# Don’t blow out candles on your birthday. It’s “western culture” and needs to be shunned. Instead, wear “swadeshi clothes” this day, do a havan, pray to the ishtadev, feed cows.
# Drawing a map of India? Make sure you include Pakistan, Afghanistan, Nepal, Bhutan, Tibet, Bangladesh, Sri Lanka and Myanmar. These are part of undivided India or “Akhand Bharat”.
# Include August 14, Pakistan’s Independence Day, in the list of national holidays. This day should be celebrated as “Akhand Bharat Smriti Divas”.
These are moral prescriptions from books authored by Dina Nath Batra, convenor of Shiksha Bachao Andolan Samiti, that have now become compulsory reading in government schools in Gujarat. On June 30, the state government issued a circular directing more than 42,000 primary and secondary government schools across the state to make a set of nine books by Batra, translated from Hindi to Gujarati, part of the curriculum’s “supplementary literature”.
Batra’s civil suit earlier this year had led to the pulping of American scholar Wendy Doniger’s book on Hinduism. He had also sent a legal notice to another publisher about a book on modern Indian history which led the publisher to begin a review of some of its books, including one on
sexual violence during riots in Ahmedabad.
The circular issued by the Gujarat State School Textbook Board (GSSTB) read, “These books on supplementary literature are aimed at imparting quality education. They will be provided free of cost to all government primary and secondary schools, public libraries and will be also available at GSSTB, Gandhinagar, for individuals interested in these books. These are to be incorporated from this academic session.”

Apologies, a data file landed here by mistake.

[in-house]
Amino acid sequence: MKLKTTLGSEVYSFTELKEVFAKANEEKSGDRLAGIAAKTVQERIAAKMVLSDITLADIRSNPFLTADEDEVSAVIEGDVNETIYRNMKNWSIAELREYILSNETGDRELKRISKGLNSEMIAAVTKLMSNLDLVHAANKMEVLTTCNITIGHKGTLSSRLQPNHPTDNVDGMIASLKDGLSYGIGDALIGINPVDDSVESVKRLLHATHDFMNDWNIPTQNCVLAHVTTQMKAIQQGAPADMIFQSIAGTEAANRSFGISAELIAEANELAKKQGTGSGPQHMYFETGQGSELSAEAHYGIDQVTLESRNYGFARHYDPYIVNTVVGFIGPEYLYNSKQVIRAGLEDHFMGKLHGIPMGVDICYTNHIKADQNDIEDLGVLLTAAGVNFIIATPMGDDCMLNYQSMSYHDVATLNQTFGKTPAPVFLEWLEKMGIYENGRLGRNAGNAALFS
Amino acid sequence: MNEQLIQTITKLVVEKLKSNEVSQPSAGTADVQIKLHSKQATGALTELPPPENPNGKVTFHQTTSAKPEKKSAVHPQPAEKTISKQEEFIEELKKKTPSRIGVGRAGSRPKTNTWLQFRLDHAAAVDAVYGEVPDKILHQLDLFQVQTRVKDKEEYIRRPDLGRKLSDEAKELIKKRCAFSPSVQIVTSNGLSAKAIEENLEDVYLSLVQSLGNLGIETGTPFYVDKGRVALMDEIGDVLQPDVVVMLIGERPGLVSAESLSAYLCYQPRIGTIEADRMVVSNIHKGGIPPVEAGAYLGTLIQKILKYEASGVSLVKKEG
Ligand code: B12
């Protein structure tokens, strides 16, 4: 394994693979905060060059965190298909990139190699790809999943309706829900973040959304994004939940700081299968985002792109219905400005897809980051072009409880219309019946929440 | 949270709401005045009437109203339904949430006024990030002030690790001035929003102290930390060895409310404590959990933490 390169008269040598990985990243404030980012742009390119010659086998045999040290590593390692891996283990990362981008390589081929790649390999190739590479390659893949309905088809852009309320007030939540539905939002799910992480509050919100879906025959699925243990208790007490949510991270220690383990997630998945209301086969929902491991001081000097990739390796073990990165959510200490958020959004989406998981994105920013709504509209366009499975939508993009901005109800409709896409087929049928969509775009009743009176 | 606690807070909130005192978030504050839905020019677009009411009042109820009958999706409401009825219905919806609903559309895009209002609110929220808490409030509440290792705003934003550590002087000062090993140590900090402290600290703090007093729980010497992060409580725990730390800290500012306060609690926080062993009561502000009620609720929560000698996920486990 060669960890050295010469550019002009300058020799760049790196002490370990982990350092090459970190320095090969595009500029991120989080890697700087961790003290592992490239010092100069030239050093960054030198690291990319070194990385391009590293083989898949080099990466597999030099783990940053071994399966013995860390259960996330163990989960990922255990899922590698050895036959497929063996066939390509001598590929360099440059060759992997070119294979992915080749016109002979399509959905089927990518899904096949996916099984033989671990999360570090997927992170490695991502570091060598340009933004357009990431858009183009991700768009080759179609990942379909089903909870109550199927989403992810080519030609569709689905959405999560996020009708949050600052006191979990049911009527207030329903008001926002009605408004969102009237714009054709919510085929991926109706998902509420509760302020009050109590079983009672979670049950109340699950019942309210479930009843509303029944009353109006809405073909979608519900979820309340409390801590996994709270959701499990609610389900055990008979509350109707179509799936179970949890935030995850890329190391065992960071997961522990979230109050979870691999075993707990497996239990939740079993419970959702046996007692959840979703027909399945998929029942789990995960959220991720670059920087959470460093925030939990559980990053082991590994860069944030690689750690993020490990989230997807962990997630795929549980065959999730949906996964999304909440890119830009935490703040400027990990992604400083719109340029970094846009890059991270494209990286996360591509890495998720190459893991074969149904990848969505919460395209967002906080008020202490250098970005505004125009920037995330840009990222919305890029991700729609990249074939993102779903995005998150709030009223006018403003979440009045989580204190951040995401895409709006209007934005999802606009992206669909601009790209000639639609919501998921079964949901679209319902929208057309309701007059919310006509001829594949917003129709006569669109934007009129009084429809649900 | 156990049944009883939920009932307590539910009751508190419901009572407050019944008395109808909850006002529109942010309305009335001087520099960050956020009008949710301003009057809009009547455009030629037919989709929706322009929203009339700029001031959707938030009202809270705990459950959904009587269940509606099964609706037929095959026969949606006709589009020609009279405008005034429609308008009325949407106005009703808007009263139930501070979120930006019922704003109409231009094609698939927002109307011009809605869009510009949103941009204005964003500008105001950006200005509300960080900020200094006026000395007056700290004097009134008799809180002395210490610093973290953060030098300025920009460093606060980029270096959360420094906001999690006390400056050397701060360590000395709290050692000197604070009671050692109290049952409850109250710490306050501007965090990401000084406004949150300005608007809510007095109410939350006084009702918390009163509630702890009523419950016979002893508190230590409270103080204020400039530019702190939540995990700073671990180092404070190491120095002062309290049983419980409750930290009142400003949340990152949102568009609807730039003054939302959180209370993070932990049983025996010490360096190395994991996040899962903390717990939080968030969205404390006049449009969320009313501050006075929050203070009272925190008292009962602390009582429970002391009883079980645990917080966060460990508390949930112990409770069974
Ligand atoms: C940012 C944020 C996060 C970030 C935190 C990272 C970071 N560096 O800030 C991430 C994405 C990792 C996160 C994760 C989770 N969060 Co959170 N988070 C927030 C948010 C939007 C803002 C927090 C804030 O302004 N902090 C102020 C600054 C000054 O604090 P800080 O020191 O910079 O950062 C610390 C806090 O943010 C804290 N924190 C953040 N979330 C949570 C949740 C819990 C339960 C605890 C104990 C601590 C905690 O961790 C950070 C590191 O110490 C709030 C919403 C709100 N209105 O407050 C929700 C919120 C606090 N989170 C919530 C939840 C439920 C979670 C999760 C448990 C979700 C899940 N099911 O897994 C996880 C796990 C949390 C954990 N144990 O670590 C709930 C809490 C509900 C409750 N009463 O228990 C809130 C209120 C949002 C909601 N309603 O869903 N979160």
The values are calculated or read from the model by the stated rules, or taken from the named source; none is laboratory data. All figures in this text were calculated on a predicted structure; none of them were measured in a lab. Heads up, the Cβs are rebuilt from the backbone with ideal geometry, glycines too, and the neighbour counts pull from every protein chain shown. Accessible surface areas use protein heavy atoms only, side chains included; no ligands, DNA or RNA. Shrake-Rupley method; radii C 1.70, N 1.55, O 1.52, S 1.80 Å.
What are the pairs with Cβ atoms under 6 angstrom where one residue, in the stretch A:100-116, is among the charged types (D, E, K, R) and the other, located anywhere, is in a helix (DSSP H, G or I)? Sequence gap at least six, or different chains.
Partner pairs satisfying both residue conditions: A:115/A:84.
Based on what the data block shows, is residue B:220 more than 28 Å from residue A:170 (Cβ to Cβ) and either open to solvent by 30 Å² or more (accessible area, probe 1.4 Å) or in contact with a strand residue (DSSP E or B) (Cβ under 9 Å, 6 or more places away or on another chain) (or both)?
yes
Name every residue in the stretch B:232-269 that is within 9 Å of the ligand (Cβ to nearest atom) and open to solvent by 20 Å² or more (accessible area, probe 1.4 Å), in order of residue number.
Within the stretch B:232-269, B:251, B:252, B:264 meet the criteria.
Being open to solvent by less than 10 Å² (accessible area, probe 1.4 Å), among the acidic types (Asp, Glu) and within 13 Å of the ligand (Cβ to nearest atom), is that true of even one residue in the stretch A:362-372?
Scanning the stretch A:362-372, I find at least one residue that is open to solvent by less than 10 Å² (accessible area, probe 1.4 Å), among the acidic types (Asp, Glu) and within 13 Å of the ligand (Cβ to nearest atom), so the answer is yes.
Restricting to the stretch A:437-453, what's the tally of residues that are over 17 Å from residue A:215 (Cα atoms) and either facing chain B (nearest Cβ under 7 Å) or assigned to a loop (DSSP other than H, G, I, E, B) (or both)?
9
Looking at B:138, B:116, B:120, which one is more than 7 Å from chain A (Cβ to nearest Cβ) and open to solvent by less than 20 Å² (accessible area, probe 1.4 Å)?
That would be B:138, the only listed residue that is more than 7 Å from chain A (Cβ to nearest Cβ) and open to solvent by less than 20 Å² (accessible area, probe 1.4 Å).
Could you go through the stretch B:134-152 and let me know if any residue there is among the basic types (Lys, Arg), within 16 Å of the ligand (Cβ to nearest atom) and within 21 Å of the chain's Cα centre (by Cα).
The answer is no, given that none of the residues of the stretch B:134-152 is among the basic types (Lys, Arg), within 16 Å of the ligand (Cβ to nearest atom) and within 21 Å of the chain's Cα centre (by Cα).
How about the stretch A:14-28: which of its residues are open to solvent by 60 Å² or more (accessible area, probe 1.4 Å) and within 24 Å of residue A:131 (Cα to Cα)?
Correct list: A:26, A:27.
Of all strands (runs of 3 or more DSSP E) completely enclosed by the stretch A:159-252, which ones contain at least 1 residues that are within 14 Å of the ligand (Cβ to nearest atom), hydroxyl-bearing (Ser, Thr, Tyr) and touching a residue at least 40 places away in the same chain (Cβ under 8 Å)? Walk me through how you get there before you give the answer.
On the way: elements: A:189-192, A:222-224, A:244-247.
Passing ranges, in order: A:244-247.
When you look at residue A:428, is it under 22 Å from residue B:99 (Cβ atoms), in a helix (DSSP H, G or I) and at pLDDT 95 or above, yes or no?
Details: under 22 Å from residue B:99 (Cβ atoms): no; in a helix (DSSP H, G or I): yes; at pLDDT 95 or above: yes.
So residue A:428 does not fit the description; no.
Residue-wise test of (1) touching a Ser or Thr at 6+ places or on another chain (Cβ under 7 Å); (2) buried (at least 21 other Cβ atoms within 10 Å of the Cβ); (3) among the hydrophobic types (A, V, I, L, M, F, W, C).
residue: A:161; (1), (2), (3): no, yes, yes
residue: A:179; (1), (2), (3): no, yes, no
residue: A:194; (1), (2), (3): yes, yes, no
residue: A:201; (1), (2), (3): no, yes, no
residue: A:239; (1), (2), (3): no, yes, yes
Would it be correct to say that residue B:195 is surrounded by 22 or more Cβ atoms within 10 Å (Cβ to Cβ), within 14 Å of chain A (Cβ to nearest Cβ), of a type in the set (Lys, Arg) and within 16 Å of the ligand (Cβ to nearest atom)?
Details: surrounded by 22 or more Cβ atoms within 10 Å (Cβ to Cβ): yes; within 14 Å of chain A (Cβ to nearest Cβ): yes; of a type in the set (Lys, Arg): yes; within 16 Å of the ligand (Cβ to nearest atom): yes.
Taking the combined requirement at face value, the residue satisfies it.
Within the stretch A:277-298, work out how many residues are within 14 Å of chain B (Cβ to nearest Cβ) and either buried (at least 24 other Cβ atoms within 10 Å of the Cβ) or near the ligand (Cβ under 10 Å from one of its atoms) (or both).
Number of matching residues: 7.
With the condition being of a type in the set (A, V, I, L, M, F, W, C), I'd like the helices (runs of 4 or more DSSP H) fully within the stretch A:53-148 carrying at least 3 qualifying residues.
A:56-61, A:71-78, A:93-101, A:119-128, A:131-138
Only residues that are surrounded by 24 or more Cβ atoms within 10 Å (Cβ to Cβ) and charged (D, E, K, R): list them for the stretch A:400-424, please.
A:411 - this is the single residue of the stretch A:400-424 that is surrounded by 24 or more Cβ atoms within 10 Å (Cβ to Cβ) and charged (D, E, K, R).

On March 4, Gujarat Education Minister Bhupendrasinh Chudasama released the set of nine books — Shikhan nu Bhartiyakaran, Tejomay Bharat, Prernadeep I, II, III and IV, Vidyalaya: Pravitiyon nu Ghar, Shikhsan ma Triveni and Vedic Ganit.
On page 59 of the book Shikhan nu Bhartiyakaran (Indianisation of Education), under the chapter Samajik Chetna (social awakening), the author says, “Birthdays should be celebrated by shunning the western culture of blowing candles. Instead, we should follow a purely Indian culture by wearing swadeshi clothes, doing a havan and praying to ishtadev (preferred deity), reciting mantras such as Gayatri mantra, distributing new clothes to the needy, feeding cows, distributing prasad and winding up the day by playing songs produced by Vidya Bharati.”
Page 49 of the book Tejomay Bharat (Shining India) reworks India’s political map to include some of its neighbours. Batra says, “Students, how would you go about drawing a map of India? Do you know that countries like Pakistan, Afghanistan, Nepal, Bhutan, Tibet, Bangladesh, Sri Lanka and Burma are part of undivided India? These countries are part of Akhand Bharat.” Another lesson in the chapter, Undivided India, reads: “Undivided India is the truth, divided India is a lie. Division of India is unnatural and it can be united again…”
Another chapter on National Unity and Education from the book Shikshan nu continued…
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